If we look back at the error message, we see that the generate_code function in capnpc takes a generic parameter (mut inp: T) which implements std::io::Read, but that serialize::read_message from capnp is asking for a parameter which implements core_io::io::Read. I believe the problem here is that cargo looks at the requirements for building the capnp dependency and sees that my application is depending on capnp with the no_std feature flag enabled, so it compiles capnp accordingly, producing an implementation of serialize::read_message<R>(read: &mut R, ...) where R: core_io::io::Read {...}. However, it fails to notice that capnpc depends on capnp with a different set of feature flags, notably not using the no_std flag. I believe the actual dependency graph produced looks something like this, where both capnpc and my application are depending on the no_std version:

# Application dependency | my-nostd-application -> capnp (compiled as no_std)
# Build-time dependency  | capnpc -------------/

I believe the expected behavior would be for cargo to compile capnp a separate time, producing an implementation of serialize::read_message<R>(read: &mut R, ...) where R: std::io::Read {...}, at which point the types should line up and everything should work.

So I suppose my question is whether my interpretation of the problem seems reasonable, or whether there's a simpler explanation or solution to what I'm seeing? Are there some best-practices for conditional compilation that I'm missing, or is this just an unfortunate edge-case? What might be my best path forward from here? Any advice on this would be greatly appreciated!

Features should generally be additive, so usually you'll see no-default-features being the no_std build, then a std feature as an opt-in or default for the extra functionality that needs it.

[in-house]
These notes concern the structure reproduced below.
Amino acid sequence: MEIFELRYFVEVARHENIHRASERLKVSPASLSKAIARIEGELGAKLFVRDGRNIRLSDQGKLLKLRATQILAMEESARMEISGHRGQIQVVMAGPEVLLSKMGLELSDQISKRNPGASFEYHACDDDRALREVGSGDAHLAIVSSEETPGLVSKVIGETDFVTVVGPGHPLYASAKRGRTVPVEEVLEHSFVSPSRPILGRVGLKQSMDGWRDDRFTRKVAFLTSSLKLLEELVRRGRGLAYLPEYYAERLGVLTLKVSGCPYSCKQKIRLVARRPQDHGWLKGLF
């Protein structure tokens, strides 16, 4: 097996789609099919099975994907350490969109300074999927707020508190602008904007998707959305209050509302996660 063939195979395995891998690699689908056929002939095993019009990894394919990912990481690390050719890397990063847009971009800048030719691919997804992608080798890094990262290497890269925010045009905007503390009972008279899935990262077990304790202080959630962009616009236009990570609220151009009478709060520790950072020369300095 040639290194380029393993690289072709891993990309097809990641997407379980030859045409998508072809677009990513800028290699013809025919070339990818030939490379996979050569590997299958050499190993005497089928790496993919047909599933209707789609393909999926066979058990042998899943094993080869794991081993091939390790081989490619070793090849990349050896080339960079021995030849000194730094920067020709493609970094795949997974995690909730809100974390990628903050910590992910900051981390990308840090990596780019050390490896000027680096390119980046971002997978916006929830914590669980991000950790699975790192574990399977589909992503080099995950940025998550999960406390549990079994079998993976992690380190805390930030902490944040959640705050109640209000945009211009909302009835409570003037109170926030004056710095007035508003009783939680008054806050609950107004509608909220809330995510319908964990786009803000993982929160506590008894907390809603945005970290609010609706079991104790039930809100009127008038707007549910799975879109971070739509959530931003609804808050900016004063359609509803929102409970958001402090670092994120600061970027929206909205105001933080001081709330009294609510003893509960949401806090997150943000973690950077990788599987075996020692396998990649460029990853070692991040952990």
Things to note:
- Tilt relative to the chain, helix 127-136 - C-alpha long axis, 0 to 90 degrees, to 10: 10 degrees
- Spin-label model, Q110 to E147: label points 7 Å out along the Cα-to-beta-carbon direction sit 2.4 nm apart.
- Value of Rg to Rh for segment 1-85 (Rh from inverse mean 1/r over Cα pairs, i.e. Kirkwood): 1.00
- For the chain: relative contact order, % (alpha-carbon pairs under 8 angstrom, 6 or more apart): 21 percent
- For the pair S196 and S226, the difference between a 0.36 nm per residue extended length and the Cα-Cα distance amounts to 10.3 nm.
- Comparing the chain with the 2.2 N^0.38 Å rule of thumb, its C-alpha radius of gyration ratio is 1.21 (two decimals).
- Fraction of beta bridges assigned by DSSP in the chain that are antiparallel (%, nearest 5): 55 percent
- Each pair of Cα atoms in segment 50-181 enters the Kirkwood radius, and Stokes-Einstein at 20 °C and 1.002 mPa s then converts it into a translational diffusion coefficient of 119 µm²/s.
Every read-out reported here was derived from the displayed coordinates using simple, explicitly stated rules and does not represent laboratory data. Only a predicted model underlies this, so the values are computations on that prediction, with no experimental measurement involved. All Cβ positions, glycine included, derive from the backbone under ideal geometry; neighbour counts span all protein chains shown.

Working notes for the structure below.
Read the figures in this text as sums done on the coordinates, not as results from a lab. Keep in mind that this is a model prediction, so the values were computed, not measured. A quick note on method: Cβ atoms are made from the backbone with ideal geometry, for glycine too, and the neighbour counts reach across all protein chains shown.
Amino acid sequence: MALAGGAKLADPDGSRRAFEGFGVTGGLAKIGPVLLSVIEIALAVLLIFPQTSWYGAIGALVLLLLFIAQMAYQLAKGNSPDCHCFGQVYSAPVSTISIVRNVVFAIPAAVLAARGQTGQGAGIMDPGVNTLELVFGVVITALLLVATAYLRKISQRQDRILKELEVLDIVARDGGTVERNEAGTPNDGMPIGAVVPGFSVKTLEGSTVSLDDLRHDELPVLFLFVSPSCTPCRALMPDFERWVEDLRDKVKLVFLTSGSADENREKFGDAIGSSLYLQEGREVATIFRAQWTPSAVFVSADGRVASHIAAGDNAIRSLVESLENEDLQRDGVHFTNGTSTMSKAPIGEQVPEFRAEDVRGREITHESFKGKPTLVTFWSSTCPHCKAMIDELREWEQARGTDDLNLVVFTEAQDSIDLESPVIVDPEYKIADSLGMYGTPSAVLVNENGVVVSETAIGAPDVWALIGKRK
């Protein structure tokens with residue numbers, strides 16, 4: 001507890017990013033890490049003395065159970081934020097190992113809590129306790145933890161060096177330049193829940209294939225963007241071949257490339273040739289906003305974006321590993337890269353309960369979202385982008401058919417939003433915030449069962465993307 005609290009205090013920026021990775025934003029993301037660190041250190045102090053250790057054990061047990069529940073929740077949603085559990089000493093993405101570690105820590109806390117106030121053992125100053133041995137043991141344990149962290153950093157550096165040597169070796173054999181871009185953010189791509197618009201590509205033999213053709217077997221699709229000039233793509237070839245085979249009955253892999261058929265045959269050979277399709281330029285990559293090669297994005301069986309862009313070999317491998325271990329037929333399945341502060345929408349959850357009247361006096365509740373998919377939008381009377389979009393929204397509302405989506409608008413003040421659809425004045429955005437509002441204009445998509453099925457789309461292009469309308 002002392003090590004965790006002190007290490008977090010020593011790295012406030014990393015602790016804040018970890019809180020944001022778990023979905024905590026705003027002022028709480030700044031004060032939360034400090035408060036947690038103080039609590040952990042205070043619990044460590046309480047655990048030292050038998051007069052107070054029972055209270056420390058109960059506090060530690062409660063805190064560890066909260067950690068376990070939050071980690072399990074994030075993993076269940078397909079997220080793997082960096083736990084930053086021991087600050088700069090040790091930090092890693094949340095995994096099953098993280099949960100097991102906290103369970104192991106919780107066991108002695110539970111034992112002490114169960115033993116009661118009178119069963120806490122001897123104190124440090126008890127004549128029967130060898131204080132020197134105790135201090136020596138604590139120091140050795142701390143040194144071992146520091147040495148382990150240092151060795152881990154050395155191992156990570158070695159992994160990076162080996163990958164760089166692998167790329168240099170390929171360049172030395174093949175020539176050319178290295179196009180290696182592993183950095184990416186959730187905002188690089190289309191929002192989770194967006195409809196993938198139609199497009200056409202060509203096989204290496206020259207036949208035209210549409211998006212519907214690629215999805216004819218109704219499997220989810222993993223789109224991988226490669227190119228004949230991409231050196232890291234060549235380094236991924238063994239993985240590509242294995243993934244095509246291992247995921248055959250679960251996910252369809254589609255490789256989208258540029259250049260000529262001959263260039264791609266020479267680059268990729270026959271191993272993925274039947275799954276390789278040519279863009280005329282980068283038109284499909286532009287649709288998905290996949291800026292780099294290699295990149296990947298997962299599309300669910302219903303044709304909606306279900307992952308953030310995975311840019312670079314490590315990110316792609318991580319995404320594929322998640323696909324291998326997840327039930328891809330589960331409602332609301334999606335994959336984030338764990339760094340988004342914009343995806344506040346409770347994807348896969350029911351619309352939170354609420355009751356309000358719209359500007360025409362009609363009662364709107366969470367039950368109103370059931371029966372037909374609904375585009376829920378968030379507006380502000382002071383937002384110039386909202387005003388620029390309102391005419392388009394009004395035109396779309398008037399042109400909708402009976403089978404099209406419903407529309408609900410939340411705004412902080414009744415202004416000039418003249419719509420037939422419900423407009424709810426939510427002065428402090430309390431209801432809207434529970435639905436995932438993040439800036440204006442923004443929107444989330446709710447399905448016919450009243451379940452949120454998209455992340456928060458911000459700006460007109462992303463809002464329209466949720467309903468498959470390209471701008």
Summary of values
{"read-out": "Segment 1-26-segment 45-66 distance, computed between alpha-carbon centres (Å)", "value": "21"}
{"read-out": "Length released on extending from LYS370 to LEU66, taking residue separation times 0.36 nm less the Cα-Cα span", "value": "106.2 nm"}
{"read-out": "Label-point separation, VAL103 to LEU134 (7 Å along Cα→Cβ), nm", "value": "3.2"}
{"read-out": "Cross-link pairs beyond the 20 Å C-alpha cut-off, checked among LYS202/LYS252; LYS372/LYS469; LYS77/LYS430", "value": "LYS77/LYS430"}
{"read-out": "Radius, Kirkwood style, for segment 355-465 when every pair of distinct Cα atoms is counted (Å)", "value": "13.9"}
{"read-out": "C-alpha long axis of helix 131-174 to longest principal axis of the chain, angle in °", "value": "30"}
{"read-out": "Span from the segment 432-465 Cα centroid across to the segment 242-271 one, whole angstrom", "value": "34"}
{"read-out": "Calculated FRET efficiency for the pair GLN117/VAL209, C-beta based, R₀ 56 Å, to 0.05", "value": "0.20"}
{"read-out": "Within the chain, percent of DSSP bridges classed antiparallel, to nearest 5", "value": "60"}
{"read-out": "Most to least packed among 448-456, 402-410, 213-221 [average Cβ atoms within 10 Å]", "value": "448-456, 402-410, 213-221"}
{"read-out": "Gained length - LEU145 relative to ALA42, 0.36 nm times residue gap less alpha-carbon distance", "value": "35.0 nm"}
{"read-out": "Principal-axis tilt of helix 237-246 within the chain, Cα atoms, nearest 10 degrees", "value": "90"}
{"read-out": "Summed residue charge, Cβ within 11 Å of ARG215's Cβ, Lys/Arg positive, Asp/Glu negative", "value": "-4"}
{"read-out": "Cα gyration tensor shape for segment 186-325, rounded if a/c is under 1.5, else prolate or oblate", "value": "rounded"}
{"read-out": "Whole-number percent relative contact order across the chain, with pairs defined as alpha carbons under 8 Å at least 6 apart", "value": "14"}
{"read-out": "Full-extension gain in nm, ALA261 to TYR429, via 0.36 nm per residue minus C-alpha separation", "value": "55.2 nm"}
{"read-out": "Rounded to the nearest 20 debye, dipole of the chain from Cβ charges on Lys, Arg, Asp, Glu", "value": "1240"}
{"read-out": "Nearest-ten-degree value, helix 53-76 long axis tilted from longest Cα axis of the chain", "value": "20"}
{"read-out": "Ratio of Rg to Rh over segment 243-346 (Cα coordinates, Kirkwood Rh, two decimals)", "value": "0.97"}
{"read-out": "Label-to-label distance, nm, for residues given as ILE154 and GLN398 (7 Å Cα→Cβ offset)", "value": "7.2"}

But even then you'll still hit the problem that features are unified across all dependencies, build or otherwise:

I did notice that the trend seems to be use a std feature rather than a no_std feature, but the reason I did it the other way around this time is because I wanted core_io to be an optional dependency that's only included when building with the no_std feature. I had made this change in the Cargo.toml:

[dependencies]
core_io = { version = "0.1.20190701", features = [ "alloc", "collections" ], optional = true }

[features]
no_std = ["core_io"]

Do you know of any way to reverse this optional dependency inclusion? I.e. if I were to use the pattern of making the feature be std, could I include core_io only when the std feature is not present?

Maybe use features for both? Then I guess a pure no-default-features wouldn't work, but each dependant can choose what they need. Note that optional dependencies already become a feature in themselves, so you can have std and core_io as your features. Maybe call it std_io for consistency.

If both features are activated, can you implement them at the same time? Maybe not, if you have APIs like read_message<R> where R requires different Read types. That means these features aren't really additive -- this may be OK as long as you note it as a caveat of your crate.